Later, came *deregulation* in that other great public utility: “Electricity” and “Natural Gas” Public Utilities which came to be called: “Energy” — which was wrecked by the .01% Agents, leading to the “privatization” payday via “ENRON” for .01% private profits c/o Agent George H.W. Bush & Co. Tom Ridge of Pennsylvania helped the Bush Dynasty achieve their private purpose. After 9/11, Tom Ridge was appointed Director of Homeland Security by “the Decider” George W. Bush, Agent for the Global .01% as President of the USA.

      Then came 2008, TARP, and the Big Cover-up.

      Do you detect a pattern there?

  9. DC Native

    That desk jockey wouldn’t survive a single week inside a Foxconn factory. Or perhaps even a single 12-hour, non-stop, no-hour-long-lunch-break, can’t sit down, must work under blinding fluorescent lighting shift.

    But it sure looks purty during a brief tour hosted by a PR company!

  10. Godfree

    Foxconn is a Taiwanese company that gets away with its behavior because the Chinese government wants to bring Taiwan in from the cold. But it’s fundamentally an example of American-style Capitalism in China.

    The kids who work there are unskilled and poorly educated.

    They sign up at Foxconn because it’s better than working on a small rice paddy back in Western China OR a meat packing job in the good old USA.

    Their life sucks, but there are millions of kids around the world whose lives suck worse.

    Our concern for their well being is a combination of China-bashing and guilt. A potent combination.

    1. eclair

      ‘Our concern for their well being is a combination of China-bashing and guilt.’

      Interesting observation, Godfree, but I am not so sure about that. You label the conditions at Foxconn as “American-style capitalism.” I don’t think America has a monopoly on grind-the-worker-into-the-earth-so-we-can-wring-more-profits-for-the-stockholders capitalism.

      Perhaps, rather than China-bashing and guilt, it is a wakening realization that capitalism must always feed on the misery of its workers. That, instead of the gains in wages and benefits that occurred after WWII being part of a rising trajectory, these were an aberration. A mere blip that resulted in stagnant profits for the owners.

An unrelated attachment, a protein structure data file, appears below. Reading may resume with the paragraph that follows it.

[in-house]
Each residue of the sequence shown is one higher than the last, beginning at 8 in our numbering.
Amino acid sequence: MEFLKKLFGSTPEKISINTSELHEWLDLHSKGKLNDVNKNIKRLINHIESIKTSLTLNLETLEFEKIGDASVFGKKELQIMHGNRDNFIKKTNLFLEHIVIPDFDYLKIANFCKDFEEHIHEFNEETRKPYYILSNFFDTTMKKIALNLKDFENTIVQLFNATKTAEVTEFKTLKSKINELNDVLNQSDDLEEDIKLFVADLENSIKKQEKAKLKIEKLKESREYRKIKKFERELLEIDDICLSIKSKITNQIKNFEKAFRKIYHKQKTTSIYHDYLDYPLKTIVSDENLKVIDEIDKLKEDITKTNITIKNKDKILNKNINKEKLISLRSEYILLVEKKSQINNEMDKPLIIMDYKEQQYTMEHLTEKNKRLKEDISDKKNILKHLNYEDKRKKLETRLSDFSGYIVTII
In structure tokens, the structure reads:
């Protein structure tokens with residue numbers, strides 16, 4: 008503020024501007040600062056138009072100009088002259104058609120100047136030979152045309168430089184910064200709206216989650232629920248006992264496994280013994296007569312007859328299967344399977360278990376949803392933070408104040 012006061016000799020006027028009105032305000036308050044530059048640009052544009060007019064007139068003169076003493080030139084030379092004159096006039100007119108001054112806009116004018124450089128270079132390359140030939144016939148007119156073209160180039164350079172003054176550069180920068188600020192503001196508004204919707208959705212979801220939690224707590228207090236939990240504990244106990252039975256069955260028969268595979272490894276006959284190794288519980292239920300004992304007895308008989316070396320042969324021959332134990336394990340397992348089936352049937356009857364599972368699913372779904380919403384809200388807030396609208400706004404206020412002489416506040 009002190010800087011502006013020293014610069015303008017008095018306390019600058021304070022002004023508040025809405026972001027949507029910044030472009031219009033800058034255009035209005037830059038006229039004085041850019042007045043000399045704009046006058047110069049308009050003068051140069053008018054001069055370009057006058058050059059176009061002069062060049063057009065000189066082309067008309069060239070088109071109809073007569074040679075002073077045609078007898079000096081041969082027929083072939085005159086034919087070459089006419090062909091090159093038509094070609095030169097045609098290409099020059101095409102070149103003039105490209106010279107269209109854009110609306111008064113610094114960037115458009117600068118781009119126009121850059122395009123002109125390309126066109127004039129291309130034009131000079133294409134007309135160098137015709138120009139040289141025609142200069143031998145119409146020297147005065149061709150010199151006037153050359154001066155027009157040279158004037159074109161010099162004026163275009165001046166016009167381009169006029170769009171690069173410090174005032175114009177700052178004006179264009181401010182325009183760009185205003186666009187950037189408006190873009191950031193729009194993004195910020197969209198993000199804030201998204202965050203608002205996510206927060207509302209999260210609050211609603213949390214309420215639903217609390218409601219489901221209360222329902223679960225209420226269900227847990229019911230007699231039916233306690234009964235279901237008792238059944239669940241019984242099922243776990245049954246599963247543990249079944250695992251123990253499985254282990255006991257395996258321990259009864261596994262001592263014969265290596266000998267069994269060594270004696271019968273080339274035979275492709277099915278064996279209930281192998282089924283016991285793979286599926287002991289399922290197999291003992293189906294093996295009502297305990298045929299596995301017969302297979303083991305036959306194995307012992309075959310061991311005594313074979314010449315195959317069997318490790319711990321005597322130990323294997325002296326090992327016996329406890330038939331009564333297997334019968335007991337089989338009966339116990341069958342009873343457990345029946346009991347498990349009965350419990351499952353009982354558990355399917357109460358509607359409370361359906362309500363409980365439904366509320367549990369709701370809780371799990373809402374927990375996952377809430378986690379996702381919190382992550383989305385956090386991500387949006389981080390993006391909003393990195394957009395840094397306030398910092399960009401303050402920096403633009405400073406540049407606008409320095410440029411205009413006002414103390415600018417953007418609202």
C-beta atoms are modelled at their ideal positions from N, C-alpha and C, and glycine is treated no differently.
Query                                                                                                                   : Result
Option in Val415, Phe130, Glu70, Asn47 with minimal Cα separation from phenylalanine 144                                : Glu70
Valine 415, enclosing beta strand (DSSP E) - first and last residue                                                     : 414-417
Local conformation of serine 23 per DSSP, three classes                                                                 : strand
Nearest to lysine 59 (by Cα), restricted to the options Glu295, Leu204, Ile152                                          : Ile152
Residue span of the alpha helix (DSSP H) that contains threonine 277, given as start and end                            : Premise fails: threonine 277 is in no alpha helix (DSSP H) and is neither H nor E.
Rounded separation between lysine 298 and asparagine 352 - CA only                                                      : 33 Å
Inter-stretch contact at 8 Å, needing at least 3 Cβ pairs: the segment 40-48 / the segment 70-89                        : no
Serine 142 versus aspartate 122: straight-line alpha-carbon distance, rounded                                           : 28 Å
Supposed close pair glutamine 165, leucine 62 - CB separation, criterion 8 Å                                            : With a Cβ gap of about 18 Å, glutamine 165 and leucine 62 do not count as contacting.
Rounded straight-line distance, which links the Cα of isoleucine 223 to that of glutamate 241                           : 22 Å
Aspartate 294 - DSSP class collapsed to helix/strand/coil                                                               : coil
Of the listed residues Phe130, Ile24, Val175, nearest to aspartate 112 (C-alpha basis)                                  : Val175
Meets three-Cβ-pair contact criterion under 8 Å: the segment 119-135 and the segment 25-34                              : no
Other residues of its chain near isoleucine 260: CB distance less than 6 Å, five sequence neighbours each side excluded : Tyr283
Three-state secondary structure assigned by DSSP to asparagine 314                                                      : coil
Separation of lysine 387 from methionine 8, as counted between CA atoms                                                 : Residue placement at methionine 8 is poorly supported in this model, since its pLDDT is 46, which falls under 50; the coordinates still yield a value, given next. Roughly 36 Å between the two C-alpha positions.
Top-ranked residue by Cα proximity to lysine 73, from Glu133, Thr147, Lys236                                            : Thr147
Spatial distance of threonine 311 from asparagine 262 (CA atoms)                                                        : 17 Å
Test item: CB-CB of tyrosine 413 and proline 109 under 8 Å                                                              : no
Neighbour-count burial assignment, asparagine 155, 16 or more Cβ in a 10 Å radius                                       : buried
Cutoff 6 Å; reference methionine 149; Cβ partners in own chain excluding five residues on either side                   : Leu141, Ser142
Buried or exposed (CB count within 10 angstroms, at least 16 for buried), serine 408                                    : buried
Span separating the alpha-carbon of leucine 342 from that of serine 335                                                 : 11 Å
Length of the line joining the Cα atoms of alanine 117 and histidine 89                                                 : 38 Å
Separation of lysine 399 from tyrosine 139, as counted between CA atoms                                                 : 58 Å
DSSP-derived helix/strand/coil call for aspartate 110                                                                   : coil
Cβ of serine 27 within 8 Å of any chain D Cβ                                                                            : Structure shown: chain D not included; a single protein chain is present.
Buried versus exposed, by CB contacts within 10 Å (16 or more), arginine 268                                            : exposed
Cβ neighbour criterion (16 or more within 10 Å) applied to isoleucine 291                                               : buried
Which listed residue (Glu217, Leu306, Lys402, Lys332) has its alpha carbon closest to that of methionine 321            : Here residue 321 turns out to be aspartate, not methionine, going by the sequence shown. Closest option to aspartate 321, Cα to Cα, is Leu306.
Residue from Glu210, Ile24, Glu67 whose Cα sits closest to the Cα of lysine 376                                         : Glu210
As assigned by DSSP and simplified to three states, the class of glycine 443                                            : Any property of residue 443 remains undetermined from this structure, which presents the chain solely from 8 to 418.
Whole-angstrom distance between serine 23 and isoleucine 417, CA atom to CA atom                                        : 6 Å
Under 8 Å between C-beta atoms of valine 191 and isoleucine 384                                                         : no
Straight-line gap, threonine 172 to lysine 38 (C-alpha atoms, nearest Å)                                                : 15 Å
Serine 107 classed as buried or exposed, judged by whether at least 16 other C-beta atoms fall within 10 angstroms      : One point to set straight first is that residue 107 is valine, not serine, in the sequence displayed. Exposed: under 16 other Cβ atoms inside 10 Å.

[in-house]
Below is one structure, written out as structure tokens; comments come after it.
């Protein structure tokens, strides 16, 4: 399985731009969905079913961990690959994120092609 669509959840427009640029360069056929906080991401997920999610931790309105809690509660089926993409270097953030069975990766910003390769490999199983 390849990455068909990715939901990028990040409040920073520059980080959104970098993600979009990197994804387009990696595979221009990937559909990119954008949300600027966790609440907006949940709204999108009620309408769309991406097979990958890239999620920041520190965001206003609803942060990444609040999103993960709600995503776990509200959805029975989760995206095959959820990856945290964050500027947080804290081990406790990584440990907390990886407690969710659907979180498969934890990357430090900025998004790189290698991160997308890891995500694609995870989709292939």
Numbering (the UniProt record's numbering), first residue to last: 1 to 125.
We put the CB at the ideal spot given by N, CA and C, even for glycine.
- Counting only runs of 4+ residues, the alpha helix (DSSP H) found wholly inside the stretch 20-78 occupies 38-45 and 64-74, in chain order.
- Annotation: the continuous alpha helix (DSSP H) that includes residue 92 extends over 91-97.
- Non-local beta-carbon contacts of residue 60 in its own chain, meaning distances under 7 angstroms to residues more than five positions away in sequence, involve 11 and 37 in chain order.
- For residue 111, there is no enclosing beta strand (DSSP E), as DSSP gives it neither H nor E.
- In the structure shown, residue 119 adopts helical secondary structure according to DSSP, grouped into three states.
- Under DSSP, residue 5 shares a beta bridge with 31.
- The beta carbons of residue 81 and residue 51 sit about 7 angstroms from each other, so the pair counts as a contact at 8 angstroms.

That the large corporations, having sucked the easy profits from the American labor force, must move into other territories that provide more malleable prey.

      For many of us, there is a choice. To accept that life is brutal and that there is always an exploiter and a mass of exploited. Lord of the manor and masses of ragged serfs bound to the land. Plantation owner and fields of black slaves. Steve Jobs and the Apple share-holders and the thousands of young Chinese workers surviving in fluorescent-lit cages.

      Or, to believe that there is a better way. That the “good life” for a small portion of humanity need not come at the price of reducing the lives of the rest of the world into a dull gray struggle for just enough food and shelter to make it through another day.

      1. LeonovaBalletRusse

        eclair, just so. Here’s your back-up:

        “FRUITS OF MERCHANT CAPITAL: Slavery and Bourgeois Property in the Rise and Expansion of Capitalism” by Elizabeth Fox-Genovese and Eugene D. Genovese;

        “OPIUM WARS: The Addiction of One Empire and the Corruption of Another” by W. Travis Hanes III, Ph.D. and Frank Sanello;

        “The Clash of Empires: The Invention of China in Modern World Making” by Lydia H. Liu;

        “THE MIND OF THE MASTER CLASS: History and Faith in the Southern Slaveholder’s Worldview” by Fox-Genovese and Genovese;

        “THE ANGLO-AMERICAN ESTABLISHMENT from Rhodes to Cliveden” by Carroll Quigley;

        “NOBILITY and Analogous Traditional Elites in the Allocutions of Pius XII: A Theme Illuminating American Social History” by Plinio Correa de Oliveira;

        “AMERICAN DYNASTY: Aristocracy, Fortune, and the Politics of Deceit in the House of Bush” by Kevin Phillips;

        “REPUBLICAN GOMORRAH: Inside the Movement That Shattered the Party” by Max Blumenthal;

        “Winner-Take-All Politics: How Washington Made the Rich Richer–And Turned Its Back on the Middle Class” by Jacob S. Hacker & Paul Pierson;